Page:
Cooking Korean Sushi

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sushi_cWhen a young friend offered to show me how to make Korean Vegetable Sushi, I was delighted at the prospect of something different to serve vegetarian friends.But in addition to cucumber and carrot, there's egg, crab meat (or more likely, imitation crab meat), and a type of sausage not readily found outside specialty stores.


Mary Ryder

But in addition to cucumber and carrot, there's egg, crab meat (or more likely, imitation crab meat), and a type of sausage not readily found outside specialty stores. For this last, not being a slave to the ideal of authenticity, I cheerfully substitute ham. (Or you could use Spam.). There's also pickled radish, but again, letting personal taste outweigh authenticity, I usually dismiss this ingredient as "optional".

With minor variations, Vegetable Sushi pops up in ChoHee's native country of South Korea at family meals, in restaurants and cafes, at refreshment stands, and even in box lunches sold on passenger trains.

Traditional Korean sushi consists basically of a flat sheet of dried seaweed topped by a layer of rice, rolled up around a core of stuffings, and sliced. "Sushi" is a Japanese term, from the word for vinegar, which is used in Japanese recipes. The Korean word is "kimbap." "Kim" means seaweed, while "bap" is Korean for rice. (And there's no vinegar used in the Korean method, at least, not as I was taught.)

In recent years, sushi in various forms has become an established item in Central Florida supermarkets, which offer both trays of the ready-made stuff, and ingredients and equipment for the do-it-yourself sushi fanciers.

Korean-style sushi rolls require minimal equipment and fairly standard ingredients. They're great finger-food for cocktail parties or picnics, since even people who tend to be suspicious of "strange food" seem to like them. And sushi rolls are a neat project to get kids or grandkids into the kitchen.

You needn't splurge on one of the "complete sushi kits" offered in kitchen shops and supermarkets. Just get out the cutting board, a good, sharp knife, and your favorite skillet. A small mat, made of matchstick-sized strips of bamboo, is handy for forming the rolls, but not absolutely necessary.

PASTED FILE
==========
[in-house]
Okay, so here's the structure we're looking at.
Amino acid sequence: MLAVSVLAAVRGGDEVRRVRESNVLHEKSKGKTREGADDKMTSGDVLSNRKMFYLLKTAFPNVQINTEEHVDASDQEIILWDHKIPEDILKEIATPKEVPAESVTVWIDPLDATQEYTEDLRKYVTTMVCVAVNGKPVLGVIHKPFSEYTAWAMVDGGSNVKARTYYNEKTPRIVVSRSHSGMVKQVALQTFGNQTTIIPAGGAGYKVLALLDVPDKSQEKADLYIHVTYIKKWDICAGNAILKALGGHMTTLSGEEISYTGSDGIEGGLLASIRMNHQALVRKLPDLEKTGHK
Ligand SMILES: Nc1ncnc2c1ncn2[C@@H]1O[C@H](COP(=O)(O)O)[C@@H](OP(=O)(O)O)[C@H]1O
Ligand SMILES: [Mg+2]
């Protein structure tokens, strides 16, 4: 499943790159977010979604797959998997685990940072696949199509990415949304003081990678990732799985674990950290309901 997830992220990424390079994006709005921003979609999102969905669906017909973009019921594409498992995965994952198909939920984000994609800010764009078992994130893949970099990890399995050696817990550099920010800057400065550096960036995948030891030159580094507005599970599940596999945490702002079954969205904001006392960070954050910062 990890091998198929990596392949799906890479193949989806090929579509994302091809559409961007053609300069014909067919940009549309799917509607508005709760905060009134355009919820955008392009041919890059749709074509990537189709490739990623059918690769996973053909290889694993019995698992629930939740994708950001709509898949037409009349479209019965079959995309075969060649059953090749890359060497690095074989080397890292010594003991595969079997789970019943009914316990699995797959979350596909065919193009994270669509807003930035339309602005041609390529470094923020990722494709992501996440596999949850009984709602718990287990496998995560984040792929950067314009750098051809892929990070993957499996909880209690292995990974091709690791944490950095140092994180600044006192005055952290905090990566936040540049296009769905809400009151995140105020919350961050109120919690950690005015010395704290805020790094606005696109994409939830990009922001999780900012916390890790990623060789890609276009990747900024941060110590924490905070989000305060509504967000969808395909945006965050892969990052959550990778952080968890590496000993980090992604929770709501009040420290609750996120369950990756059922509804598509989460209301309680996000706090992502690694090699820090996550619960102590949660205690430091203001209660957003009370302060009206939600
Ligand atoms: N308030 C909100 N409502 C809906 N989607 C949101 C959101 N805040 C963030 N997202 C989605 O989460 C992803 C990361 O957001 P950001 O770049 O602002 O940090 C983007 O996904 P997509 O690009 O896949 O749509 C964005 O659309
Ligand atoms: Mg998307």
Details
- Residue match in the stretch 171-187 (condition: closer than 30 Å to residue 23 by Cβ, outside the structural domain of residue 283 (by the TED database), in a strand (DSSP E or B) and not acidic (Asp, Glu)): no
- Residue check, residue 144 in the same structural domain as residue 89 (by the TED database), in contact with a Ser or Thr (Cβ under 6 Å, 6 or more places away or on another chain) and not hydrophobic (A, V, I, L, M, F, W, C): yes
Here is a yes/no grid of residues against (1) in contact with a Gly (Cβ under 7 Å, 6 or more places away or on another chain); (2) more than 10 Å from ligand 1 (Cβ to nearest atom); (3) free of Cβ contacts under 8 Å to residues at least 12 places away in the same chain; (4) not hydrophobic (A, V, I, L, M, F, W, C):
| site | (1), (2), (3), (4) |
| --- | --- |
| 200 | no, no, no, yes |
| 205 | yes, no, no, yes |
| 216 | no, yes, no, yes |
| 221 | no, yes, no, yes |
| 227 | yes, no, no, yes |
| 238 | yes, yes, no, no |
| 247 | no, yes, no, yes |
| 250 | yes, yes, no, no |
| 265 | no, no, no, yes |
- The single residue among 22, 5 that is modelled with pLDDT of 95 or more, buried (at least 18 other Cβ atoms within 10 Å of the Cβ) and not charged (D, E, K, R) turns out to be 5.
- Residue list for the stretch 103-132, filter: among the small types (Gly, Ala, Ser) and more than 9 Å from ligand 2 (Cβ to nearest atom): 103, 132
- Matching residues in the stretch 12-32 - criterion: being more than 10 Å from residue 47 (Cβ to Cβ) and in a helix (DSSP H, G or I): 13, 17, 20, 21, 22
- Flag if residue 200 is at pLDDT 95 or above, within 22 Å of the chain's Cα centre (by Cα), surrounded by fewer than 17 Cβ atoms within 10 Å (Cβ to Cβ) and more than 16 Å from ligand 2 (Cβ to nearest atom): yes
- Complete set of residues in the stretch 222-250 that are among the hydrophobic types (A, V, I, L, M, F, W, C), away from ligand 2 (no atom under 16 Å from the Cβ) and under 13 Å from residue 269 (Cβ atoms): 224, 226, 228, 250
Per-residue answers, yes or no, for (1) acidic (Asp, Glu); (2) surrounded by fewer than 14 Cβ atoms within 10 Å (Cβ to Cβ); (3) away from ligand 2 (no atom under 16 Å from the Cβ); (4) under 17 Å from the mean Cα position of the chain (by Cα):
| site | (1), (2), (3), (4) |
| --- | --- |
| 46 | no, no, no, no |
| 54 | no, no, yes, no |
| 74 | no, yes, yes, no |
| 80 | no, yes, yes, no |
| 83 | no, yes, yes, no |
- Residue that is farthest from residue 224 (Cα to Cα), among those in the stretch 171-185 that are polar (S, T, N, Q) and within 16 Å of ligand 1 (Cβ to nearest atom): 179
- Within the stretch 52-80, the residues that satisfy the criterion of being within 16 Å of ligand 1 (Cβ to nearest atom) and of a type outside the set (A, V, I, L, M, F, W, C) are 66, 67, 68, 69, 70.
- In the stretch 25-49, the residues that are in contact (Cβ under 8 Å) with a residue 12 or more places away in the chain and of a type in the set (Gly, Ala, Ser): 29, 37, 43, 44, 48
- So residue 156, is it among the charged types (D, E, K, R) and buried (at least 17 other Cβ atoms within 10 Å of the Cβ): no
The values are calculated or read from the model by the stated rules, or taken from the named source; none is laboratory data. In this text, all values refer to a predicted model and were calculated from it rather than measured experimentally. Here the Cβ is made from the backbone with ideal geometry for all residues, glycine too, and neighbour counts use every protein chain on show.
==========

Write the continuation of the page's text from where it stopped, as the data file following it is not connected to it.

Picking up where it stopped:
The sushi section, adjacent to the seafood and meat counters of some local supermarkets, may have most of your basic ingredients. Look for Nori seaweed in small packages of rectangular sheets, about 7 by 8 inches.

Supermarkets also carry rice specifically labeled for sushi (which tends to be expensive). You need a sticky rice, so the instant long grains won't do. If you normally cook short or medium-grain rice, and the grains stick together, it should work nicely. I find a heaping half-cupful of rice about right for each sushi roll.)

You'll need a bit of sesame oil, and sesame seed (best lightly toasted). Pickled radish, found at Asian groceries, comes in both mild and hot varieties. You want the mild type, or feel free to consider it optional.

While the rice cooks, get everything else ready. The cucumber should be peeled, cut into thin strips, and soaked in salt water (about half a teaspoon of salt to a pint of water) for about 30 minutes. Carrots are also cut into long, thin strips. The sausage or ham should be fried. The egg is lightly beaten, swirled in the skillet to make a thin layer, turned once, and, when cool, cut into long, narrow strips.

When ready to assemble the sushi rolls, lay a piece of seaweed on the bamboo mat, long sides parallel to the edge of the counter. Spread rice over it, not too thickly, leaving a margin about an inch wide at each of the narrow ends, and sprinkle lightly with toasted sesame seeds.

Stack one strip of each stuffing item on left end of rice layer. Brush right margin of seaweed wrapper with sesame oil. Turn left margin over stacked strips, and using the bamboo mat to help keep everything in place, roll it up as you would cinnamon rolls. Wrap bamboo mat closely around sushi roll, and press firmly.

Remove bamboo mat, lay sushi roll on cutting board, "seam" side down, and slice into rounds.


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